Certain Montana wildlands have been in the news a great deal recently, namely our Wilderness Study Areas (WSAs). These are classified as undeveloped federal land with characteristics of designated Wilderness protected by federal law. Montana currently has seven WSAs on US Forest Service land (about 634,500 acres); and 37 WSAs on Bureau of Land Management lands (almost 450,000 acres). WSAs cannot be part of the National Wilderness Preservation System until the US Congress passes Wilderness legislation; however, they must be managed as wilderness until they are designated or released from such consideration.
In 1977, Montana Senator Lee Metcalf passed federal legislation to create nine Montana Wilderness Study Areas (WSA) on US Forest Service land. The lands contained within two of these WSAs were later designated as either Wilderness, Wildlife Management Areas, or released from consideration as Wilderness. The remaining seven areas still carry the WSA designation, which means the US Forest Service must manage them “so as to maintain their presently existing wilderness character and potential for inclusion in the National Wilderness Preservation System.”
In December 2017, Senator Steve Daines introduced federal legislation to eliminate 449,500 acres in five of Montana’s Wilderness Study Areas found on US Forest Service land. According to the Great Falls Tribune, Senator Daines described these areas as “improperly managed public lands.” The title of the bill, the Protect Public Use of Public Lands Act, raised questions in conservation circles.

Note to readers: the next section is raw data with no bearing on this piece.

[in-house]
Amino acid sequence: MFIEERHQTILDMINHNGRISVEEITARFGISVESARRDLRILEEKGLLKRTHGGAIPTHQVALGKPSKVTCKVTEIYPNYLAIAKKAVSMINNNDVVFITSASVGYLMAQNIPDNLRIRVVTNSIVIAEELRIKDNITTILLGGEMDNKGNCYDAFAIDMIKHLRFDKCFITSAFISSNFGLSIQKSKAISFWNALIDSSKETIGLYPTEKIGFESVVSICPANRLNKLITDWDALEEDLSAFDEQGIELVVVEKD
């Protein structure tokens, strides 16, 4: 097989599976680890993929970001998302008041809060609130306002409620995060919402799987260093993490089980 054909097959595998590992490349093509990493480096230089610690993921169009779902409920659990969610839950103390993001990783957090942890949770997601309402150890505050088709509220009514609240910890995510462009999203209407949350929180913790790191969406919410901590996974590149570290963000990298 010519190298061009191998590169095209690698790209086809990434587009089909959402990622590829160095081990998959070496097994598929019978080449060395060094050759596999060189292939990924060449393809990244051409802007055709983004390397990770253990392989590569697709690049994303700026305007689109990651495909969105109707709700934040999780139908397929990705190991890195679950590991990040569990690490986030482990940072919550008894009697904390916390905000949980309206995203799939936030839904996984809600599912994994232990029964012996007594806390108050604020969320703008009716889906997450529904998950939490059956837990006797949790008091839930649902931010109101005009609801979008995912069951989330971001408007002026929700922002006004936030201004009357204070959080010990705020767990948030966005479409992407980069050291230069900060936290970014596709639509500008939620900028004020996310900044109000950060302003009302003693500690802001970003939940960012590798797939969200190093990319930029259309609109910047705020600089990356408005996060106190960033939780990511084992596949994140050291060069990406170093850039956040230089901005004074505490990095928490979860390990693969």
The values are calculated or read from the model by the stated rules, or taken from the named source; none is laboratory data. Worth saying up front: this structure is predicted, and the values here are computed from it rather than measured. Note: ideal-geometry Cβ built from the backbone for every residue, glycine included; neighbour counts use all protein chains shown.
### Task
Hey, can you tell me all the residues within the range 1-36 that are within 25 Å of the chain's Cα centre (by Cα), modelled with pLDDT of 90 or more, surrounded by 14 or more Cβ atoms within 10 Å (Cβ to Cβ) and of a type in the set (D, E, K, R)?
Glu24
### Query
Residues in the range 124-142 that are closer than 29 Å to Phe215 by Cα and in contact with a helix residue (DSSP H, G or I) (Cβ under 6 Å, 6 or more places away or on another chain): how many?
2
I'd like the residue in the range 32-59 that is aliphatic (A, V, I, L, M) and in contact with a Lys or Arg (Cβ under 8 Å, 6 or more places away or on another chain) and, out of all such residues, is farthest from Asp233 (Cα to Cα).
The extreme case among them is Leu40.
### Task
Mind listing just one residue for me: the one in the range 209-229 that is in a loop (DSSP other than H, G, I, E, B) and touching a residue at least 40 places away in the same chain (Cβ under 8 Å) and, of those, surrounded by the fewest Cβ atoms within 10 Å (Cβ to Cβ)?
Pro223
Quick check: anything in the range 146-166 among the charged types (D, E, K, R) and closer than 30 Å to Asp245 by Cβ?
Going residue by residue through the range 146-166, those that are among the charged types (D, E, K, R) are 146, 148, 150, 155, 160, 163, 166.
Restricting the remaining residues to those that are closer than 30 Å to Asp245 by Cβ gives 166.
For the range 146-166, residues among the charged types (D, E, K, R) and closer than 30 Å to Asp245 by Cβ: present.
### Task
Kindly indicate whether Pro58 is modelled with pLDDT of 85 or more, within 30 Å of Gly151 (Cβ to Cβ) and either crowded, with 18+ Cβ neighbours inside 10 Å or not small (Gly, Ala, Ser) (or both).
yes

Here are what wilderness advocates say are the most important reasons to oppose Senator Daines’ bill—and why these lands should be maintained as Wilderness Study Areas:
drinking water to nearby communities. In addition, Montana is blessed with some of the healthiest population of elk and other big game animals in North America, and these creatures rely on WSAs. Clean water flowing from these lands also feeds our blue-ribbon trout streams. Local economies depend on these areas to sustain their communities and the outdoor recreation economy.
When the time comes, we will be calling on you to help stop Senator Daines’ bill that releases many of our state’s Wilderness Study Areas!